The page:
In recent years, many parishes throughout the Archdiocese have instituted regularly scheduled periods of extended or perpetual adoration of the exposed Blessed Sacrament. Many pastors have noted that it can sometimes be difficult to maintain an adequate number of committed adorers throughout the year. This can present a challenge, as liturgical law states that the exposed Blessed Sacrament must never be left alone, both out of reverence for the Presence of Jesus in the Holy Eucharist and for reasons of safety  and security. It can also happen that, from time to time, an adorer may not be able to be present for his or her scheduled time due to illness or some other emergency. When a substitute cannot be found at the last minute, it may become necessary to repose the Blessed Sacrament during scheduled times of adoration.

Recently, some parishes have contacted the Liturgy Office to ask about the possibility of installing a glass window in the tabernacle so that the Blessed Sacrament can be more easily exposed and reposed by opening and closing a tabernacle’s window. Some liturgical goods suppliers, in fact, carry tabernacles already manufactured with this feature.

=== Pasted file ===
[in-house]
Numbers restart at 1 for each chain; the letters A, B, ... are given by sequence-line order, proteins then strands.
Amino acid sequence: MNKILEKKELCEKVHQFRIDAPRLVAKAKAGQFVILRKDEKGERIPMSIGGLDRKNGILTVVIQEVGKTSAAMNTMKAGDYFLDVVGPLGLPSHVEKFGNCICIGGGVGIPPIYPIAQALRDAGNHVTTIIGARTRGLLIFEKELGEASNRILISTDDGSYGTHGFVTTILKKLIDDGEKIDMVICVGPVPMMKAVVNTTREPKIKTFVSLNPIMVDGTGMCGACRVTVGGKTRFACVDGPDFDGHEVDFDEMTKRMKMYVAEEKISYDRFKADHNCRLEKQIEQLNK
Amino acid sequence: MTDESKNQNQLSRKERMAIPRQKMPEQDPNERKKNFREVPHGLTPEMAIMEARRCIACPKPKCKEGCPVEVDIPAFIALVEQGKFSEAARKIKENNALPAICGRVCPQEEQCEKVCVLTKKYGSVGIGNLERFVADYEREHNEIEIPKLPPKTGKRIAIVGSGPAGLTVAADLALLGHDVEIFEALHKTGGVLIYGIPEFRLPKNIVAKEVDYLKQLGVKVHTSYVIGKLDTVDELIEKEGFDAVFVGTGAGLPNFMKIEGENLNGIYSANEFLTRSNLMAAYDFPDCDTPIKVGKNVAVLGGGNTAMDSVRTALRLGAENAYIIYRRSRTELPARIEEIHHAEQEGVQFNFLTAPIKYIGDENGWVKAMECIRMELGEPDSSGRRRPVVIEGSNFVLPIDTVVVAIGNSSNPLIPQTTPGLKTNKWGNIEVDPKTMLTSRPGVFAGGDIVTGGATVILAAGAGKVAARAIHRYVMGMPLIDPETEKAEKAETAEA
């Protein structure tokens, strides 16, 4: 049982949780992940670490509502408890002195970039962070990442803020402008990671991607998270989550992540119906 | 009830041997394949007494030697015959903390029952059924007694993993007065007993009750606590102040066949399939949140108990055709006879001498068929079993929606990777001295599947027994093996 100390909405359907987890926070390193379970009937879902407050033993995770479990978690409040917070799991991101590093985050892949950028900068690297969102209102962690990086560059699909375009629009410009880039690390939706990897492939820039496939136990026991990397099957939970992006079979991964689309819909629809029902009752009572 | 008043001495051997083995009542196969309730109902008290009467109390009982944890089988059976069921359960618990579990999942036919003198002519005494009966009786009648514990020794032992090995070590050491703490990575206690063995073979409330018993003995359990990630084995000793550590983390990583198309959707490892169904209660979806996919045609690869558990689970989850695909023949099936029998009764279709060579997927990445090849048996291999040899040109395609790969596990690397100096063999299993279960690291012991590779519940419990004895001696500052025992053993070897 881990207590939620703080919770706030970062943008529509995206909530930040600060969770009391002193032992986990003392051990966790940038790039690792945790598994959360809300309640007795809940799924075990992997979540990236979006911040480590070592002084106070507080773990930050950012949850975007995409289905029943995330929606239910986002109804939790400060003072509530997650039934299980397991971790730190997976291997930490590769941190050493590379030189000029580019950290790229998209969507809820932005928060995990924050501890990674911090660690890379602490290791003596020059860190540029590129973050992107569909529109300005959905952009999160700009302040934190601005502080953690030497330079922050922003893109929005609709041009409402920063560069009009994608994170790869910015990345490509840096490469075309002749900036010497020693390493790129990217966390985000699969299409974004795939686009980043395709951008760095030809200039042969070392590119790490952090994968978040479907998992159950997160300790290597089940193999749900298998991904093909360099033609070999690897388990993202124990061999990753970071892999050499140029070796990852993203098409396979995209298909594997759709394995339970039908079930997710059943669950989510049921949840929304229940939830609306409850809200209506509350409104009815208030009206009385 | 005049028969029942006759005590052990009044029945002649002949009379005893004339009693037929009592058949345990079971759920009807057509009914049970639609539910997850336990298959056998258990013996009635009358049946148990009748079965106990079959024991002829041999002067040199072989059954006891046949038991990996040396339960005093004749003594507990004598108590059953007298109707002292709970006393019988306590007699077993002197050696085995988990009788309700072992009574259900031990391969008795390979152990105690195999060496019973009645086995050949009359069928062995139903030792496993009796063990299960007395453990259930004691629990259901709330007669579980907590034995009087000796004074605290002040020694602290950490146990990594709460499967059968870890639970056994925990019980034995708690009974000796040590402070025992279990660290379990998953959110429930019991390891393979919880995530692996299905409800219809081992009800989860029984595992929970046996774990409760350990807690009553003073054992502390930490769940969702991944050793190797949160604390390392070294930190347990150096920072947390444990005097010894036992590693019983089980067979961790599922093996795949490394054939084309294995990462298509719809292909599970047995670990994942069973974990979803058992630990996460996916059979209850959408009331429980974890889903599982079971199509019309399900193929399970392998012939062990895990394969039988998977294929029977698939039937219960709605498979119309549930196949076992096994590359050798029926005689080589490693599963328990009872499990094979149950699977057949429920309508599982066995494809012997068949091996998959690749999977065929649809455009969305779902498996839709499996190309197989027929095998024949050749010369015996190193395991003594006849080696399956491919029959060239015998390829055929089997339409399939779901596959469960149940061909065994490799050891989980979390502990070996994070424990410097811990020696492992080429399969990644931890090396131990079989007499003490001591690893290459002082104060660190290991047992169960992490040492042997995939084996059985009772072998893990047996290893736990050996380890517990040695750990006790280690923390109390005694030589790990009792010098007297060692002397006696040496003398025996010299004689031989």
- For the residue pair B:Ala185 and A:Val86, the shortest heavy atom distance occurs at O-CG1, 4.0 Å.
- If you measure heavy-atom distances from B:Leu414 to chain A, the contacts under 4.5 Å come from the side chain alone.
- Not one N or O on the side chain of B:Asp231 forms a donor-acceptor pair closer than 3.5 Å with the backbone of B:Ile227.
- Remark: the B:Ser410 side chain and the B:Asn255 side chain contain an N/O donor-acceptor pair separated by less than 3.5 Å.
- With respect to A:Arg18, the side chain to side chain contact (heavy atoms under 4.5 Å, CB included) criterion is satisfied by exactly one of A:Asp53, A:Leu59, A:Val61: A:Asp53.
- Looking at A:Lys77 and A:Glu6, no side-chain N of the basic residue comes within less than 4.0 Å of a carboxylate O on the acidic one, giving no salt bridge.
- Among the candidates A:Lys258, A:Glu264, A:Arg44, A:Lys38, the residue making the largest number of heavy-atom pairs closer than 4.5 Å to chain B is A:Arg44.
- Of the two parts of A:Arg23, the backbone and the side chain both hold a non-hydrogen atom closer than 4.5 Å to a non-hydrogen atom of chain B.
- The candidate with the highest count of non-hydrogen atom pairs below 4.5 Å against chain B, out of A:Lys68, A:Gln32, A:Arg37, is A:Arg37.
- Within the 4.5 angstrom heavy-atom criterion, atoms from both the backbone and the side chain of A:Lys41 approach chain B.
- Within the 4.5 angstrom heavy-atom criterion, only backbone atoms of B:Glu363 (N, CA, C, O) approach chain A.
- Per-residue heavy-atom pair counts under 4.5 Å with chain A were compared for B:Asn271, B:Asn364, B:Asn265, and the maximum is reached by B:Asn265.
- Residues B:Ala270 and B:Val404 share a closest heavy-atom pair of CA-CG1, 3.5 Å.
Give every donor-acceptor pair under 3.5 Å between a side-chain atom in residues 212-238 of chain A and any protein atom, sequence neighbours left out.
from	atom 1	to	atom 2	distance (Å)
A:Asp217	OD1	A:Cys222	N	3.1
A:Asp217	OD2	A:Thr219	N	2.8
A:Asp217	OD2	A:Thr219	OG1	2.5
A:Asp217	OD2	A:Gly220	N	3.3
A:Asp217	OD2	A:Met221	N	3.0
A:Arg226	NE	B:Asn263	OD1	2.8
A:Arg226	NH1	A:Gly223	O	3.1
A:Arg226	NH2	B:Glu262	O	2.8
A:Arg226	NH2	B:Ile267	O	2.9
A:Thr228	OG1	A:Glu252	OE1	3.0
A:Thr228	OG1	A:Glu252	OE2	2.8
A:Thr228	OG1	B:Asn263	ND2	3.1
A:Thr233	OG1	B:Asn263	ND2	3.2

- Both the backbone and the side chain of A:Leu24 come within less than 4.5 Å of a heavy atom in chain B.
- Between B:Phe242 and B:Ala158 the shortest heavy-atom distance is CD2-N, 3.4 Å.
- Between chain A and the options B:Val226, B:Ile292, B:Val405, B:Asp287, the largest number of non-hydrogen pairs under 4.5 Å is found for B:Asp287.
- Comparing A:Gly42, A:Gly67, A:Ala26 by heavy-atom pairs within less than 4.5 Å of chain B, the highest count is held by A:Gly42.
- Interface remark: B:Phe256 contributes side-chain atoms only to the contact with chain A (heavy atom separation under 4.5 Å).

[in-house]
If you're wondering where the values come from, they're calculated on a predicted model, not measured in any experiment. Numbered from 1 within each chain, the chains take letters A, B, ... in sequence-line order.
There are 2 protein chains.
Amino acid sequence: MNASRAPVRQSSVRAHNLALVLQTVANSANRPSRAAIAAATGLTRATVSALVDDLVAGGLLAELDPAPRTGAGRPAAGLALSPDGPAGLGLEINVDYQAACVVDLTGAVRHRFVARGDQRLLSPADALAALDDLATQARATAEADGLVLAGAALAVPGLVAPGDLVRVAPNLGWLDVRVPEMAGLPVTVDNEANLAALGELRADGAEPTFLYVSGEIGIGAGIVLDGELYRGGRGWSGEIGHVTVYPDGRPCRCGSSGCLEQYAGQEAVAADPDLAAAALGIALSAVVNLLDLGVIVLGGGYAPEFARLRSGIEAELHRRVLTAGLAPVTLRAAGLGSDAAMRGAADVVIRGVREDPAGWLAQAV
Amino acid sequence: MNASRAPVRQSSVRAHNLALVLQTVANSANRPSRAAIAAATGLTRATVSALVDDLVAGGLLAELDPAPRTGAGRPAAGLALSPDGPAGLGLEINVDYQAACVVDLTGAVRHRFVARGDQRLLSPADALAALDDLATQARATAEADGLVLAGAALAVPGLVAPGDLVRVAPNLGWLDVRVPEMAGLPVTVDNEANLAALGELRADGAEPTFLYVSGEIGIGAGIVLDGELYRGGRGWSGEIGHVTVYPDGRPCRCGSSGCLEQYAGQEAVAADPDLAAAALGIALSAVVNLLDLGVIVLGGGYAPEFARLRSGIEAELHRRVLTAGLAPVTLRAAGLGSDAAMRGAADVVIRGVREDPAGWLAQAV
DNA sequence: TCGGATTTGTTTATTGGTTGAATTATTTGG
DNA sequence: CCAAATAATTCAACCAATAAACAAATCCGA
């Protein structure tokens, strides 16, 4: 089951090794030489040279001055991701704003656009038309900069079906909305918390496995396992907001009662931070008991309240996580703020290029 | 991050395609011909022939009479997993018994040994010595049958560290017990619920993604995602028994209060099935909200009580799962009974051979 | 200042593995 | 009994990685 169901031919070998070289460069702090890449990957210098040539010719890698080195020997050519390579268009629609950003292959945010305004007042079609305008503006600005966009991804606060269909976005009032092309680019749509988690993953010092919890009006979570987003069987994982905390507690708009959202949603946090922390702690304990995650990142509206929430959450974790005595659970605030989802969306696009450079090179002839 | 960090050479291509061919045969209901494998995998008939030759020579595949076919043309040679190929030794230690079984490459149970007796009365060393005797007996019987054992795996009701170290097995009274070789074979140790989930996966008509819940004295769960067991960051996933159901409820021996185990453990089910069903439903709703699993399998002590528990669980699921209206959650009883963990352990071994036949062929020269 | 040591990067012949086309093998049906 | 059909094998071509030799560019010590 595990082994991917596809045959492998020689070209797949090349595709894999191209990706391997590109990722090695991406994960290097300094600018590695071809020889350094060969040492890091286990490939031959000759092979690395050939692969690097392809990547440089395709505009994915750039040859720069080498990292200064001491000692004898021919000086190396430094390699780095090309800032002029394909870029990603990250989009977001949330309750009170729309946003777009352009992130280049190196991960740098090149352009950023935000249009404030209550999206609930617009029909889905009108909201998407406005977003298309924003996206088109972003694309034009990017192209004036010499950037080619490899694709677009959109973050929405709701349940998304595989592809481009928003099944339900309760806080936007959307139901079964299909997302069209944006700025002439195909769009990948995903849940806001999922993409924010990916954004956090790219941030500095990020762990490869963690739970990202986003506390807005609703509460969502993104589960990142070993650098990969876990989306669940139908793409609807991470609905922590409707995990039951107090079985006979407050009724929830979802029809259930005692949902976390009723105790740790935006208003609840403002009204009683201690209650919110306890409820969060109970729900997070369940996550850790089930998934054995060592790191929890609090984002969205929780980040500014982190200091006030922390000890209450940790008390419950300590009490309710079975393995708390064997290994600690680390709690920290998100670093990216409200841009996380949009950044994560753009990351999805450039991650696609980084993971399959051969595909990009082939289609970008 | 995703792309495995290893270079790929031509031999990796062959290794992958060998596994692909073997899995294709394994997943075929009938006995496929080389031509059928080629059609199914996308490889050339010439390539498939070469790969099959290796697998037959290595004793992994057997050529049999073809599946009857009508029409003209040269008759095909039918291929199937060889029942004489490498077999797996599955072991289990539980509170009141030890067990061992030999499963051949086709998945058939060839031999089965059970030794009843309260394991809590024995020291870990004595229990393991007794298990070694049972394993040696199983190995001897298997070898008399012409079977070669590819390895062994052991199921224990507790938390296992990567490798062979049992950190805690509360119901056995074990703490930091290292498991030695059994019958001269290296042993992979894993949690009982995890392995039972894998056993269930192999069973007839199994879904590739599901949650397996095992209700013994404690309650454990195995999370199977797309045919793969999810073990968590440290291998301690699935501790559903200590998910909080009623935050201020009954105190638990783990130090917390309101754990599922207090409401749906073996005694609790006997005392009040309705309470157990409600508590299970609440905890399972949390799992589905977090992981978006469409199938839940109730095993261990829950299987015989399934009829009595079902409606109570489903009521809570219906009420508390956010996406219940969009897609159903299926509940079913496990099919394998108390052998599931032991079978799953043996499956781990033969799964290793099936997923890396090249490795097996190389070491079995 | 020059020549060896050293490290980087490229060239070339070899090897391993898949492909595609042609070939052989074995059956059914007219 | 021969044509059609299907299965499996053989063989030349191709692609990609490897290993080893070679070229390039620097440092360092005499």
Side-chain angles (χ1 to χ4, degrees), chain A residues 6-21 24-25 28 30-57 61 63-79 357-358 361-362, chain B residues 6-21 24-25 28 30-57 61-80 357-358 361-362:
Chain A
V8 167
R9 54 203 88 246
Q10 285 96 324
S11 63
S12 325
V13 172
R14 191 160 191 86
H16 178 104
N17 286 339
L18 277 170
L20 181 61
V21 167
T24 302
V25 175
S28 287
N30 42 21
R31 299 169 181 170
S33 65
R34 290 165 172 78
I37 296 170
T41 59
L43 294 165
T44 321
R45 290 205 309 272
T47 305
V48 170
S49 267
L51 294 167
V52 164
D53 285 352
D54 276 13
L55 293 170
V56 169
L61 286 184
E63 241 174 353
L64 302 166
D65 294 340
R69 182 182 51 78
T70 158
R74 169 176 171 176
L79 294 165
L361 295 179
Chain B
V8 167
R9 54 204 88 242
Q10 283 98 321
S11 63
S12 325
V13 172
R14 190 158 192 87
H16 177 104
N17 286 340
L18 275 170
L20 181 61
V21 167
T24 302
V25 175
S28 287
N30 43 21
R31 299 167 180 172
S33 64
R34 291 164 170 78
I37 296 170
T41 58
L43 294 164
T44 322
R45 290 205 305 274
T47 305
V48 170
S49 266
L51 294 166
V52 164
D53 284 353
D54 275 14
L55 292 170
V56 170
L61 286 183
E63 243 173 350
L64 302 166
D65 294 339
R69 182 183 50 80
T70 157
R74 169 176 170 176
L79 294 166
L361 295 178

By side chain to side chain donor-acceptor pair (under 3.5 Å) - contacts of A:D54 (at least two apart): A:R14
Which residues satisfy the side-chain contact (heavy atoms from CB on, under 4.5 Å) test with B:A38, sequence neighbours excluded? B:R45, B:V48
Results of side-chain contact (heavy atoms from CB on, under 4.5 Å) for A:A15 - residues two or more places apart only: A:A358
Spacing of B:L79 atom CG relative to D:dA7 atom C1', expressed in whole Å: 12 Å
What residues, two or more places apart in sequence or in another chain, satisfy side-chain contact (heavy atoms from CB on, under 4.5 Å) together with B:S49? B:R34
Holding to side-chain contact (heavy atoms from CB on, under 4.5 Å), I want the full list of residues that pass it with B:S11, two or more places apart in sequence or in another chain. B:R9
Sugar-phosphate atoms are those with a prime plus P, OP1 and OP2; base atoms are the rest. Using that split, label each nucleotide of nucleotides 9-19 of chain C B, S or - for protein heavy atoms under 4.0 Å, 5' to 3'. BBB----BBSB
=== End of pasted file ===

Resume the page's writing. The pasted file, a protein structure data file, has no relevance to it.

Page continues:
Although these kinds of tabernacles are indeed available for purchase, they are not approved for liturgical use. In its 2004 document, “31 Questions on Adoration of the Blessed Sacrament,” the USCCB’s Committee on Divine Liturgy addressed this question in the following way: 

Couldn’t the Eucharist be exposed always by building tabernacles of glass or tabernacles with small windows to see inside? Answer: No. ‘The holy Eucharist is to be reserved in a solid tabernacle. It must be opaque and unbreakable.

The USCCB’s response follows the rule established in the General Instruction of the Roman Missal that a tabernacle must always be “irremovable, be made of solid and inviolable material that is not transparent, and be locked in such a way that the danger of profanation is prevented to the greatest extent possible” (314). 

In 2006, the Congregation for Divine Worship and Discipline of the Sacraments answered a related question concerning the use of doors or drapes to separate the exposed Blessed Sacrament from a chapel for short periods of time when no one will be present. The Congregation indicated that this practice also does not satisfy the requirement to repose the Blessed Sacrament in a tabernacle under lock and key.

Bearing these principles in mind, parishes that wish to institute extended or perpetual Eucharistic adoration should first ensure that there is sufficient interest in the community to maintain the necessary number of volunteers needed for lengthier periods of adoration. Parishes may wish to bring this question up for discussion at parish council meetings or even take a survey of the parish as part of its planning process.